Don't Get Personal When Selecting a Business Credit Card

It happens every day. Consumers are bombarded with attractive offers to sign up for new credit cards. Businessesâ€"including physician practicesâ€"find themselves in the same position. According to David Goodman, vice president of communications for Advanta Corp., the small business credit card market is large and growing. Business credit cards can help physician practices simplify bookkeeping, keep business expenses separate from personal expenses, earn valuable rewards, and protect themselves from fraud.

It happens every day. Consumers are bombarded with attractive offers to sign up for new credit cards. Businesses—including physician practices—find themselves in the same position.

According to David Goodman, vice president of communications for Advanta Corp., the small business credit card market is large and growing. Business credit cards can help physician practices simplify bookkeeping, keep business expenses separate from personal expenses, earn valuable rewards, and protect themselves from fraud.

“There are some newer business cards that are hybrids,” explains Curtis Arnold, founder of CardRatings.com. “They allow a small business owner to float purchases for 60 days. That can help you manage cash flow. And rebates are huge with a small business. There are tremendous benefits there.”

The key, however, is selecting the right card to meet the needs of your practice.

Don’t get personal

Gerri Detweiler is the co-founder of BusinessCreditSuccess.com, a company that teaches businesses how to leverage business credit to get major credit cards. She points out that while the rewards and interest rates on business cards are important, the first thing she asks business owners to consider is how a card might affect their business and personal credit ratings.

When you apply for a business credit card, the decision of whether or not to give you that card—as well as your credit line and interest rate—is usually based on the business owner’s personal credit rating. As such, many business credit cards will then report activity on the owner’s personal credit report. If you run a lot of your business expenses onto the credit card in order to take maximum advantage of the rewards, you could also be showing very large balances on your personal credit report.

“About 35 percent of your personal credit score is based on your payment history,” says Detweiler. “Another 30 percent is based on the debt you carry. So, even if you always pay your bills on time, if you carry a lot of credit card debt or max out cards for business use, that will appear on your personal credit report and hurt your credit score.”

The solution, says Detweiler, is to choose a business credit card that does not report your monthly activity to the personal credit agencies, thus protecting your personal credit score. Moreover, choose credit cards that report to business credit agencies, such as D&B and Experian. “The reason you want to do that is to establish a strong business credit rating for your practice,” she explains. “Then you’ll be able to better negotiate the terms and conditions of your business credit card.”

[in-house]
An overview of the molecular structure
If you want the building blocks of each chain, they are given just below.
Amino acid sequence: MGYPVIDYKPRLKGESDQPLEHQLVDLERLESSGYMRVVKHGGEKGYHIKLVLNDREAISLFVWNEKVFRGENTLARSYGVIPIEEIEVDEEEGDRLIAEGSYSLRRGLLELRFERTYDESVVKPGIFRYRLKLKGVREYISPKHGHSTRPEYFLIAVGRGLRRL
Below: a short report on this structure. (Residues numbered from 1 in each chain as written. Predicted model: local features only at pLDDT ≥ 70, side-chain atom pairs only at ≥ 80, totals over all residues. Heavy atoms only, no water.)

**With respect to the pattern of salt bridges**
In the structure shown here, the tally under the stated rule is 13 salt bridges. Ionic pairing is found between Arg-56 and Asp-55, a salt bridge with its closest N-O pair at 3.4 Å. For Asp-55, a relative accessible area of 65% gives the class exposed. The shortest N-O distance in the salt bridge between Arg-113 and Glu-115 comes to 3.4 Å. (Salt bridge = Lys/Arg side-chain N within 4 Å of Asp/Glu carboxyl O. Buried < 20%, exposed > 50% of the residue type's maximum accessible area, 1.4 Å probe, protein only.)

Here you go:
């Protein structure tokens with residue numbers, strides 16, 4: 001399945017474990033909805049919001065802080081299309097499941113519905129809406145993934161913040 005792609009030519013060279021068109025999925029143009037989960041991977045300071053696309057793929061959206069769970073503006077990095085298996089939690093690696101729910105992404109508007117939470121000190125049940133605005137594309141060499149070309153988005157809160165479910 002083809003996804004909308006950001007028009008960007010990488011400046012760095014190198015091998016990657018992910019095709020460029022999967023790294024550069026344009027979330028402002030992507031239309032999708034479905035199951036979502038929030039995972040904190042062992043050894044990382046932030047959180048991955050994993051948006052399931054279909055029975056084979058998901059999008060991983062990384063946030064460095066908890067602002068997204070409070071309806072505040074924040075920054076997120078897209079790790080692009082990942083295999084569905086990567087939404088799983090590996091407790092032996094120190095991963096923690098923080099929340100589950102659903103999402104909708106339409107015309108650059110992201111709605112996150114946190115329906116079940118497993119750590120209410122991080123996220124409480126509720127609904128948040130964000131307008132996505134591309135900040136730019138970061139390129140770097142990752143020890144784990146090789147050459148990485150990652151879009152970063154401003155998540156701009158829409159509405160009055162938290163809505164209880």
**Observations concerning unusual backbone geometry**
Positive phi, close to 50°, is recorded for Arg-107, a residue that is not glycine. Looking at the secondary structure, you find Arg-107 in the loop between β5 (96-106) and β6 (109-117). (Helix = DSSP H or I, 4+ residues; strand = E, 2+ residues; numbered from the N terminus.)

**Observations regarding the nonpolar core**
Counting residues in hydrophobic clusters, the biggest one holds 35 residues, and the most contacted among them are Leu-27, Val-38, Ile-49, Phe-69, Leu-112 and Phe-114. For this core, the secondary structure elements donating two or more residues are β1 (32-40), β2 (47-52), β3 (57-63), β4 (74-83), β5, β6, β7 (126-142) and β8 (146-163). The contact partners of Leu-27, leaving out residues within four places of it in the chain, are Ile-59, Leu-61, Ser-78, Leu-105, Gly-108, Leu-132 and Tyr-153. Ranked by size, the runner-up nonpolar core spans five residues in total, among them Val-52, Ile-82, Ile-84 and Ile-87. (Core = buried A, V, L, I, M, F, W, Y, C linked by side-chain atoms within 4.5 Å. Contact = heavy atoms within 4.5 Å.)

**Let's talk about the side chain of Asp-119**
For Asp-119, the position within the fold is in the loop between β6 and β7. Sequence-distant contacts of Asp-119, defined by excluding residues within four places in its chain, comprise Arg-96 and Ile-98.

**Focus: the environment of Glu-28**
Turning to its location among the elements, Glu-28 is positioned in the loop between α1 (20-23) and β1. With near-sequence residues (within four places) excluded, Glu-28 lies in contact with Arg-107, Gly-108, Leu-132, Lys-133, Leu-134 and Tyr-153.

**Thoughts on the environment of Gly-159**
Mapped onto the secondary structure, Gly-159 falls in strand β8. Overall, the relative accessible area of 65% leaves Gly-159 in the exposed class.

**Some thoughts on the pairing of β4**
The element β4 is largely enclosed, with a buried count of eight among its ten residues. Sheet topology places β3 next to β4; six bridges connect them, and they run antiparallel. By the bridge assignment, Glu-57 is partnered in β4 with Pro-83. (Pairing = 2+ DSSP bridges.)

The art of negotiation

Detweiler suggests that the first item a physician might want to negotiate away is a personal guarantee. Otherwise, if any default should take place, or if a practice runs into problems and you fall behind on the bills, you—not the business—are personally liable. And that situation can occur more frequently than you might imagine.

For example, the rules of protection that apply to personal credit cards with regard to a lost or stolen credit card don’t necessarily apply to business credit cards. In addition, if you give an employee a credit card and they have authorization to use it, and then they misuse it, that’s not necessarily considered fraud. If your office manager has a card in his or her name and goes on a spending spree before leaving town, you’re probably going to be responsible for those bills because the manager was authorized to use the card.

“All card issuers are going to ask for [personal guarantees],” says Detweiler. “You can’t blame them. But as you develop your business credit rating and have more years of experience in your practice, you should try negotiating with card issuers to get rid of that.”

Employees benefit, too

Arnold explains that there are tremendous benefits in physicians using credit as a business owner. However, from an employee standpoint, it’s a nice perk to have. “It’s so much more convenient [for employees] because they don’t have to file expense reports,” says Arnold. “It gives them a sense of ownership in the practice.”

CardRatings.com offers these two reviews as a good place to start:

• The Customizable Advanta Business Rewards Platinum MasterCard® offers a zero-percent introductory APR on balance transfers for the first 15 billing cycles; 7.49 percent fixed APR applies thereafter. It also offers a personalized card, free cash back and travel rewards program options, and a convenient online application.

• The Discover® Business Card features a convenient online application, as well as zero-percent introductory APR on card purchases for 12 months. Earn a $100 cashback bonus when you apply. There is also a five percent cashback bonus on office supplies, two percent on gas, and up to one percent on all other purchases. The card also features fee-free purchase checks that earn cash back bonus to pay merchants who don’t accept credit cards.

Ed Rabinowitz is a veteran healthcare writer and reporter. He welcomes comments at edwardr@ptd.net.